Tuesday, June 28, 2005

Pope's stargazers teach tomorrow's astronomers

I thought this was pretty neat:

"For the past 20 years, the Vatican Observatory, one of the world's oldest astronomical institutes, has selected young, promising scholars for courses at the papal summer palace. "The Vatican wants to show its appreciation for science," said Father Chris Corbally, a soft-spoken Jesuit from Britain who is the observatory's vice-director and dean of its international summer school. "Science is an important value in human life and therefore it is important to the Catholic Church," he said on the palace terrace during a break in classes. Popes have been intertwined with astronomy for centuries.

Father Emmanuel Carreira, a Jesuit who taught physics for decades in the United States and his native Spain, is a link between the old and the new worlds. He shows a visitor the giant telescope -- built in 1935 but still going strong -- with the pride of someone showing off a vintage pre-war Rolls Royce that no-one would ever dream of equipping with an on-board computer. "

Ignoring the jabs at the Church about Galileo- who was condemned not because of his Copernican beliefs, but beacause he used these to call into questions certain theological dogmas, such as transubstination- this article is pretty neat!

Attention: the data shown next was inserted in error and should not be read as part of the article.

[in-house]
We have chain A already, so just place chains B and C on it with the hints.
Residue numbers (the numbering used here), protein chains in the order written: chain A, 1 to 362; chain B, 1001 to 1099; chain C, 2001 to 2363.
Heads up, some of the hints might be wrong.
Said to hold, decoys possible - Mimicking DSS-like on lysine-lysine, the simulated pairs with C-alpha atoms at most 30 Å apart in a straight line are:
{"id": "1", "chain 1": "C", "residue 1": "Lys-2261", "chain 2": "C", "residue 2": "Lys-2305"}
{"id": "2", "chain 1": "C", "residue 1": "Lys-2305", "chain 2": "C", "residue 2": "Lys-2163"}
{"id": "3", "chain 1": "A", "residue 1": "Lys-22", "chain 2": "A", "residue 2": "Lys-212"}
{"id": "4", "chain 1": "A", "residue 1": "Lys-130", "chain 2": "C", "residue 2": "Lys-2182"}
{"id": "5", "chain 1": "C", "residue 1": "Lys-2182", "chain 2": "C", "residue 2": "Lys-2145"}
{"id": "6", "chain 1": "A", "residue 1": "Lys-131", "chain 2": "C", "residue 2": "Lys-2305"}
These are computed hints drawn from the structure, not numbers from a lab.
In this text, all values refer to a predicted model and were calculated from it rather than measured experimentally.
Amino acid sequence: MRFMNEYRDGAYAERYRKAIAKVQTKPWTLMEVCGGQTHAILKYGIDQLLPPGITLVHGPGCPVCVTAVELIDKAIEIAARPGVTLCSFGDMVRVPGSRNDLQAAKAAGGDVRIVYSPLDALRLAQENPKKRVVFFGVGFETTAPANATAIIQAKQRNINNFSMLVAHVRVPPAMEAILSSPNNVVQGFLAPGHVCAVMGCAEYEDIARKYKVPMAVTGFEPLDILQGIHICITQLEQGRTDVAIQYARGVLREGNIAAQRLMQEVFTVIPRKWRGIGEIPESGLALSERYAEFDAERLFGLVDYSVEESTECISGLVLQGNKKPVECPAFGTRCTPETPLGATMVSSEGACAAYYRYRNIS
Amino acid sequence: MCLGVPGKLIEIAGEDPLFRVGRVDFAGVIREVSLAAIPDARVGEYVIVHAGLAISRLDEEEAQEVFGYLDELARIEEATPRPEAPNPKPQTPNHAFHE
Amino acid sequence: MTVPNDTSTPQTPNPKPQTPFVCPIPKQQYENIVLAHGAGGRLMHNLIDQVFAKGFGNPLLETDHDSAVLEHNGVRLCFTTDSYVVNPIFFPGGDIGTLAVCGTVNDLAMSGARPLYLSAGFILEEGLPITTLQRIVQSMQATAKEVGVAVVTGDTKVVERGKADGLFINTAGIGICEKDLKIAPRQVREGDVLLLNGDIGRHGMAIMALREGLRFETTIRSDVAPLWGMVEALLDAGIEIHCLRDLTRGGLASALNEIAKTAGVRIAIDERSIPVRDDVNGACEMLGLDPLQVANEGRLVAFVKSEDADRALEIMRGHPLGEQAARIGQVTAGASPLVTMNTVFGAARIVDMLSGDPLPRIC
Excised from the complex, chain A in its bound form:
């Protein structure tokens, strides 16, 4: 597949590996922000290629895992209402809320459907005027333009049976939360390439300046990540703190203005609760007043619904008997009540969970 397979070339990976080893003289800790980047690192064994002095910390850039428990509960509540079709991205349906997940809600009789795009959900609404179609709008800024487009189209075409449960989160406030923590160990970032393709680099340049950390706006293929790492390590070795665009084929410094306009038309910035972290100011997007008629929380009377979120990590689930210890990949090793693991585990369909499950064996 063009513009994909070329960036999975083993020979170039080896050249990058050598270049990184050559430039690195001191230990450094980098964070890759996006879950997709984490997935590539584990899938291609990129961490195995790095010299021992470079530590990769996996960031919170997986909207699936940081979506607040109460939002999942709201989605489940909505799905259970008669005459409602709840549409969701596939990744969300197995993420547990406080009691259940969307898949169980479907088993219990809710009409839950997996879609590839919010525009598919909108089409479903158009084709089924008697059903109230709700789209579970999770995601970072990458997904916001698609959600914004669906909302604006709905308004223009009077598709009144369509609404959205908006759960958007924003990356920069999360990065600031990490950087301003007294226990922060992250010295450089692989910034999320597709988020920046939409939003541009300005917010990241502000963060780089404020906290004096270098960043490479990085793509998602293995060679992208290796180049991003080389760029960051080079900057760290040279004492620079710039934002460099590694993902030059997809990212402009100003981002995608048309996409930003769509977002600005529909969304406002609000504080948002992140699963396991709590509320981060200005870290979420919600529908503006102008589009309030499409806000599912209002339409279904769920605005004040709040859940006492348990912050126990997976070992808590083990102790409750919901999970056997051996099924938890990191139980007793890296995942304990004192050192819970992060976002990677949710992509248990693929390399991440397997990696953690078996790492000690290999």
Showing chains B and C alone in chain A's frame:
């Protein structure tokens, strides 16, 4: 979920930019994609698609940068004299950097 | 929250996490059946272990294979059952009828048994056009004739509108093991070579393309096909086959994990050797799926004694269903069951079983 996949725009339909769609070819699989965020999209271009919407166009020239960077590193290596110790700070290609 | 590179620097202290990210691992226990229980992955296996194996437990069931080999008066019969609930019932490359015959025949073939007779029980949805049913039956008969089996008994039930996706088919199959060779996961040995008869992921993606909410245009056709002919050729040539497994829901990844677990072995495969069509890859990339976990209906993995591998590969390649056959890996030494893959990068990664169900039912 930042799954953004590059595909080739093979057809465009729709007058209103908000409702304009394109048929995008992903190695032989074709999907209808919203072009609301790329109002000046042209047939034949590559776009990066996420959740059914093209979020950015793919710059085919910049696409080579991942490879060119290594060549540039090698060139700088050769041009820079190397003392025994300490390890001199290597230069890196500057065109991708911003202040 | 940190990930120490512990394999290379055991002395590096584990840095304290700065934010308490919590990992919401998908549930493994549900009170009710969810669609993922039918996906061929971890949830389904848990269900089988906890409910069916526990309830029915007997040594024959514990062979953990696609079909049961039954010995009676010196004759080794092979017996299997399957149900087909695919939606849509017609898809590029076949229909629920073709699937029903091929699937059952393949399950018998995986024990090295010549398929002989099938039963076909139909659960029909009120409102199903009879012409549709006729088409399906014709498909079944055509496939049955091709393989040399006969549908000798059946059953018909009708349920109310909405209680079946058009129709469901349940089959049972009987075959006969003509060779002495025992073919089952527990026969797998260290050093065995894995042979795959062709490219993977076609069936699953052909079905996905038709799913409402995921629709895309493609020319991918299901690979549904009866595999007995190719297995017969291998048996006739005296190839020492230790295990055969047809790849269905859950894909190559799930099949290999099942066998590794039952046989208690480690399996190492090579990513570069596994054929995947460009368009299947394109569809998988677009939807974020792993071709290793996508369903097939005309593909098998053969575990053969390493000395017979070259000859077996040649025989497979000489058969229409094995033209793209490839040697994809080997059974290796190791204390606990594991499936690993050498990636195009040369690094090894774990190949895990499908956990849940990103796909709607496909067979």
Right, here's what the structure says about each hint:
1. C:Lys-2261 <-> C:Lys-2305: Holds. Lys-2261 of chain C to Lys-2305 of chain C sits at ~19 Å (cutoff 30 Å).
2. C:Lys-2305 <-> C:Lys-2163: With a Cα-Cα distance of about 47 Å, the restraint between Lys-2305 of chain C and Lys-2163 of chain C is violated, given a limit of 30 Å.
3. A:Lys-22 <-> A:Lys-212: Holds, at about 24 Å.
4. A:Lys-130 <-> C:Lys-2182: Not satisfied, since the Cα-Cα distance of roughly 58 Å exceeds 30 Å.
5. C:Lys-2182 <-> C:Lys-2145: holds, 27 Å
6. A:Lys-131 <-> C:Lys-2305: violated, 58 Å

Ok, I can't ignore...If he hadn't tried to mix his science with theology, he wouldn't have had any problems. The main belief at the time was the Ptolemaic school of thought, and it wasn't just Galileo who would have been ridiculed a bit for the idea of heliocentrism (which had been around since Aristotle), but Johannes Kepler at the University of Tübingen (a protestant uni.) was condemned by Tübingen this belief. It wasn't until Galileo began pushing the theology along with heliocentrism that he got in trouble.

If you want to read more about him, here is a good place to begin.

Anyway, I'd like to find out more about the Observatory. I wonder if they have published any pictures they have taken? That would be awsome! I also wonder what the reactions of the students learning there are; they are being taught by a bunch of Jesuits to boot, that's not even fair!!! I would love that!


At 2:21 PM, Anonymous Marty Helgesen said...

You might want to look for the book Brother Astronomer : Adventures of a Vatican Scientist by Guy Consolmagno, S.J. The author was an astronomer before he became a Jesuit brother. For a introduction see, http://www.astrobio.net/news/article966.html
(I haven't read the book yet, but I've heard about it.)

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